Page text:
|2 servings||calories per servings 527||protein serving 17 g||carbs per serving 77 g||total fat per serving 18 g|
Middlins are the bits and pieces of cracked rice from the milling process of this brittle heirloom variety. Once considered unsuitable for export, middlins–also known as “rice grits”–became a staple of the lowcountry communities that grew and milled it. When cooked, the cracked grains readily release their starches, resulting in a creamy and satisfying dish—especially when spiced up with smoky tasso, a cured pork, and greens.
|Nutrition Facts||/ Per Serving|
|Total Fat||18 g|
|Saturated Fat||8 g|
|Trans Fat||0 g|
|Polyunsaturated Fat||2 g|
|Monounsaturated Fat||4 g|
|Total Carbohydrates||77 g|
|Dietary Fiber||7 g|
Prepare your mise en place: Remove stems from chard, and chop finely. Thinly slice chard leaves, keeping them separate from stems. Peel and dice onion. Peel and mince garlic. Cut tasso into 1/4-inch dice.
Heat a sauté pan over medium heat, and add 1 teaspoon cooking oil. Add tasso, mustard stems, onion and garlic. Cook while stirring until onion begins to become translucent, 3-4 minutes.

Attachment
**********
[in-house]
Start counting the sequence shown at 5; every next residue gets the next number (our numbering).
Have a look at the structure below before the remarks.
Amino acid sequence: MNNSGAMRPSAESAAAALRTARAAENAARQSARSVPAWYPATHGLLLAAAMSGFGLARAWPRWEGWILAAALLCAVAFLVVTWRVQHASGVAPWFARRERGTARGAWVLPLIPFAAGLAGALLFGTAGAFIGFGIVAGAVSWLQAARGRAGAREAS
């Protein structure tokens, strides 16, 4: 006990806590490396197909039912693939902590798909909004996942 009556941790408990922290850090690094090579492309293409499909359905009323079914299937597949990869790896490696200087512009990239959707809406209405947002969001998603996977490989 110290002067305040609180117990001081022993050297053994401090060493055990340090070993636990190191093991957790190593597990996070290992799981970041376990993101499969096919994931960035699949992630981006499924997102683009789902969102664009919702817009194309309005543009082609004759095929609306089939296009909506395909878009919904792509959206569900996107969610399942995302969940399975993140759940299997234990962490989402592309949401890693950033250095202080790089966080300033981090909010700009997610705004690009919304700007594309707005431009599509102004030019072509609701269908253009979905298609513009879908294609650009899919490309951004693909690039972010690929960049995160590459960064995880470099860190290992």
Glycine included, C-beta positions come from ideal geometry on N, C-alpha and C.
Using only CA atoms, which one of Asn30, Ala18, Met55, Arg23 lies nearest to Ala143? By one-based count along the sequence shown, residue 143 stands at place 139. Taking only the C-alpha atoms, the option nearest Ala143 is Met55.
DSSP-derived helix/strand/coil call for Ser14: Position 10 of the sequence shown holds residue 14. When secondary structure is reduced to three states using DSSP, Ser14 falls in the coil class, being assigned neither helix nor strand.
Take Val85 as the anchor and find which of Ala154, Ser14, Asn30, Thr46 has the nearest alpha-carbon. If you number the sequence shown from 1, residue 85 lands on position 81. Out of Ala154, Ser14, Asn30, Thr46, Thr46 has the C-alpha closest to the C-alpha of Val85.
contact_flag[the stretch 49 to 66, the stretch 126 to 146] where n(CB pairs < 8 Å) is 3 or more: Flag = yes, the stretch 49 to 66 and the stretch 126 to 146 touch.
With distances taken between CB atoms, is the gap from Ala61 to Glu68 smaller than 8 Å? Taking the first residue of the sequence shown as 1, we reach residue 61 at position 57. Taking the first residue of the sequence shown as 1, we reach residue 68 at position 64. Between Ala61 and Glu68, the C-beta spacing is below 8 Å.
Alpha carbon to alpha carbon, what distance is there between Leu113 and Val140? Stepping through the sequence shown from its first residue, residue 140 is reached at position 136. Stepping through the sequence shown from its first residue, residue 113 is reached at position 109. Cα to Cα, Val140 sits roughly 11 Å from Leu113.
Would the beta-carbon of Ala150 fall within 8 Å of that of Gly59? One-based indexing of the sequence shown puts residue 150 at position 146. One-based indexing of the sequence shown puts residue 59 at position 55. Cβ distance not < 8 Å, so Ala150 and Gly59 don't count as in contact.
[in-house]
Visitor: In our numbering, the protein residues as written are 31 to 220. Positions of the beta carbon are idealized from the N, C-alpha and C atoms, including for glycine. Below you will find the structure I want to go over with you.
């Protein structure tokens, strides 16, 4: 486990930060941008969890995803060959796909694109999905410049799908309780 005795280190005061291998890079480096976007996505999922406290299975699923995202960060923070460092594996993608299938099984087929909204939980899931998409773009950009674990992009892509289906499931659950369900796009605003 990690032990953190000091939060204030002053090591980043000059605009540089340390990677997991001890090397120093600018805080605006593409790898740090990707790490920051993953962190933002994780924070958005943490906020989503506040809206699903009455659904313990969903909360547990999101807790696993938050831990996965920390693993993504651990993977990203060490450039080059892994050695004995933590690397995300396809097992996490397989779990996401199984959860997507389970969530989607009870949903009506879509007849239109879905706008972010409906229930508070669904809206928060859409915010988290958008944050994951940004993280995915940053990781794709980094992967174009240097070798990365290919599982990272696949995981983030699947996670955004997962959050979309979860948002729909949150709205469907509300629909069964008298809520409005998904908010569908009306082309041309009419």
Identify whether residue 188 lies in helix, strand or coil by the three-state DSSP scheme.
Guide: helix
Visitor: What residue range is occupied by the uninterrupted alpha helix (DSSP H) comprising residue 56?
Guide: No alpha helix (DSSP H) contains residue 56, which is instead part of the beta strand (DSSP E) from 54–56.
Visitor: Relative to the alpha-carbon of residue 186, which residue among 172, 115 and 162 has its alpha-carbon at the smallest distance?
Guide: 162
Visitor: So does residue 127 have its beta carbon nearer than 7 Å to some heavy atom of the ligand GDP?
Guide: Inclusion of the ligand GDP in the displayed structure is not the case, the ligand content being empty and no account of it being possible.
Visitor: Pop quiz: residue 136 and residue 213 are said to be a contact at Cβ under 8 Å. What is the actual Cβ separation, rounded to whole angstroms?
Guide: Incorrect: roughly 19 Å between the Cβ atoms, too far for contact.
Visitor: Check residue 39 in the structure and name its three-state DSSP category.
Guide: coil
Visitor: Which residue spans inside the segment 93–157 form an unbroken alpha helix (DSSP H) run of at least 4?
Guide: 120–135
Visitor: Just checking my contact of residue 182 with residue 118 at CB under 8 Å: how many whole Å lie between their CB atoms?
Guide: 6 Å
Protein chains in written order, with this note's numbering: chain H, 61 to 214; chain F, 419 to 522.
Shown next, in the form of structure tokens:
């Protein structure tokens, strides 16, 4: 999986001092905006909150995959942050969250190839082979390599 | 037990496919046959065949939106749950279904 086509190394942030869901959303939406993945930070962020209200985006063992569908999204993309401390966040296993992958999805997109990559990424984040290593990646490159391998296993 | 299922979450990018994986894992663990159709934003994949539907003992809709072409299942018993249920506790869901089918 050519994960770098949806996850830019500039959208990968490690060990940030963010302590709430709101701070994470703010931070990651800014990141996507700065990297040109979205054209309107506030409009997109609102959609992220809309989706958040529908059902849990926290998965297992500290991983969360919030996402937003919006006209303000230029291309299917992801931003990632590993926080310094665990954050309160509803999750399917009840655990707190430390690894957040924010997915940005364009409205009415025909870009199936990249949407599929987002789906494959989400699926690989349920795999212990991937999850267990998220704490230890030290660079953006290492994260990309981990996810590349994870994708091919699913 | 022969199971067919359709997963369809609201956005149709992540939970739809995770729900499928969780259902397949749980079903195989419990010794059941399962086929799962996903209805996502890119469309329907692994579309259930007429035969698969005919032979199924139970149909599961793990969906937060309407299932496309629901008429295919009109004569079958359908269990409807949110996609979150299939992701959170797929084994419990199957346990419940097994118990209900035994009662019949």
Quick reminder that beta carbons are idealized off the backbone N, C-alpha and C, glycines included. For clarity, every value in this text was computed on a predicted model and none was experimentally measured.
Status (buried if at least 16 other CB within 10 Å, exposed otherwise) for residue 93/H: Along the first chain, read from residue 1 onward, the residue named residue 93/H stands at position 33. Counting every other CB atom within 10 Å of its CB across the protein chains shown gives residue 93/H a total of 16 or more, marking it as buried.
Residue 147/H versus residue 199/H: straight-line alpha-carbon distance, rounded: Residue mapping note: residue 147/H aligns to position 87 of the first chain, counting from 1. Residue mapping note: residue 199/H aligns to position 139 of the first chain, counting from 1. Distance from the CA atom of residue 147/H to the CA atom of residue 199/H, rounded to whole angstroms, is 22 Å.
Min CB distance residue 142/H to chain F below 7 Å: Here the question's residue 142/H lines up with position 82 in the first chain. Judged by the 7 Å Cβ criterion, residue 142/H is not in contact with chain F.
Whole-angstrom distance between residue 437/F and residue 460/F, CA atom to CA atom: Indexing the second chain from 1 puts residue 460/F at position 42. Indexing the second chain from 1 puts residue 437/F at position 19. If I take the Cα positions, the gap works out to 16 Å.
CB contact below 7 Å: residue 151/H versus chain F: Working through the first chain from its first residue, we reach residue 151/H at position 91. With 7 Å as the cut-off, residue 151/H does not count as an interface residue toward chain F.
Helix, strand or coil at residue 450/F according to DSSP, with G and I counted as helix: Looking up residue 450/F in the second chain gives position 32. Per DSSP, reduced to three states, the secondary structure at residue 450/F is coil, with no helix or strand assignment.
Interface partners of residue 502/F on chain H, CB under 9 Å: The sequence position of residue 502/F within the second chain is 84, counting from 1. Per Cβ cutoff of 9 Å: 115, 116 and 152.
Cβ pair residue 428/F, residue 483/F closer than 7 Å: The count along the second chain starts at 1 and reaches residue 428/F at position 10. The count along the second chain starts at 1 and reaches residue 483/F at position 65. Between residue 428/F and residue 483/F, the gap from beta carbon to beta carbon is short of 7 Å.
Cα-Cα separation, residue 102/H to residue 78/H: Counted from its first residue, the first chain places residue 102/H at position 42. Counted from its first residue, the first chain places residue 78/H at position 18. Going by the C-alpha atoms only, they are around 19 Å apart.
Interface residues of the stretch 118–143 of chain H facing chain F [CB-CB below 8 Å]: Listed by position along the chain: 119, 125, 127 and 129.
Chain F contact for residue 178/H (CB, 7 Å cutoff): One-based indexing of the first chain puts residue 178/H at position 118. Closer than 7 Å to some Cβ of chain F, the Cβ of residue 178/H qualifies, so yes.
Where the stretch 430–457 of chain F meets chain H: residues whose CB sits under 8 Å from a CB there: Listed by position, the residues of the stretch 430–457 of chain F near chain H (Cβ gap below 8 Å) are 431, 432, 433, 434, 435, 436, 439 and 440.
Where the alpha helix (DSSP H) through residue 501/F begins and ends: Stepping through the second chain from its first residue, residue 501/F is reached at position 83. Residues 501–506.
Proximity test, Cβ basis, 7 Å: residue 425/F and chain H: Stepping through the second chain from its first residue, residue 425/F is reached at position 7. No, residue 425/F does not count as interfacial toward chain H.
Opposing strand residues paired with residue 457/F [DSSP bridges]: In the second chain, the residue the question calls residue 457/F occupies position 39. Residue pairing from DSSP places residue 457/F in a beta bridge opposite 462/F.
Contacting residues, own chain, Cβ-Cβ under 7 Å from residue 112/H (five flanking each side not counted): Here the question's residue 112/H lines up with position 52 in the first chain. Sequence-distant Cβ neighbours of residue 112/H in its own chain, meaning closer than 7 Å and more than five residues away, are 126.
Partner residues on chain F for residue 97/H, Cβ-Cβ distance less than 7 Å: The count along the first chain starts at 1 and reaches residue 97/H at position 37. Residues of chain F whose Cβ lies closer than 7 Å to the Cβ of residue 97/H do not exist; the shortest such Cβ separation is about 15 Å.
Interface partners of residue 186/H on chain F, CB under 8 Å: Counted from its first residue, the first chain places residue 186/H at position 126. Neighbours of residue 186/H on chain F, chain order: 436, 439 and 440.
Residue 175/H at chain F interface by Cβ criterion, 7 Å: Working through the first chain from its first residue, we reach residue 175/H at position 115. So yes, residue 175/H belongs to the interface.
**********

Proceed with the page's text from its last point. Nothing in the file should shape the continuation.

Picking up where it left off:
Add rice middlins, and stir to combine. Add 3 cups water.
Bring liquid to a boil, then reduce heat to low. Cook while stirring occasionally (be sure to scrape the bottom of the pan) until water has been absorbed and rice is mostly cooked, 12-15 minutes.
Stir in chard leaves, 1/2 teaspoon PeachDish salt, Bragg Liquid Aminos and remaining 1 cup water. Continue to cook until rice is tender and creamy, 2-3 minutes.
Remove from heat, and vigorously stir in butter and Parmesan. Taste and adjust seasoning as desired with PeachDish Salt.
The finished dish should be a similar consistency to firm rice pudding. If it is too stiff, stir in a little warm water. If risotto is too cool or too thin, return pan briefly to medium heat, and stir. Divide between 2 plates or bowls. Serve immediately, and enjoy!
Seth worked with top chefs in New York and in Atlanta, and worked as the Program Director for a farm to school pilot program aimed at developing standards-based, hands-on garden and cooking curriculum for children from kindergarten to fifth grade. Seth also spent several years working as a farmers market chef in Atlanta. During this time, he established and developed connections between the market and local schools, after-school clubs, senior living facilities, and other community organizations. At these community connection posts, he shared his culinary knowledge and expertise, giving hands on cooking instruction as he explained how farmers markets can benefit an individual's health and community. In 2016, Chef Seth was named a Georgia Grown Executive Chef for his commitment to locally grown food.Learn More...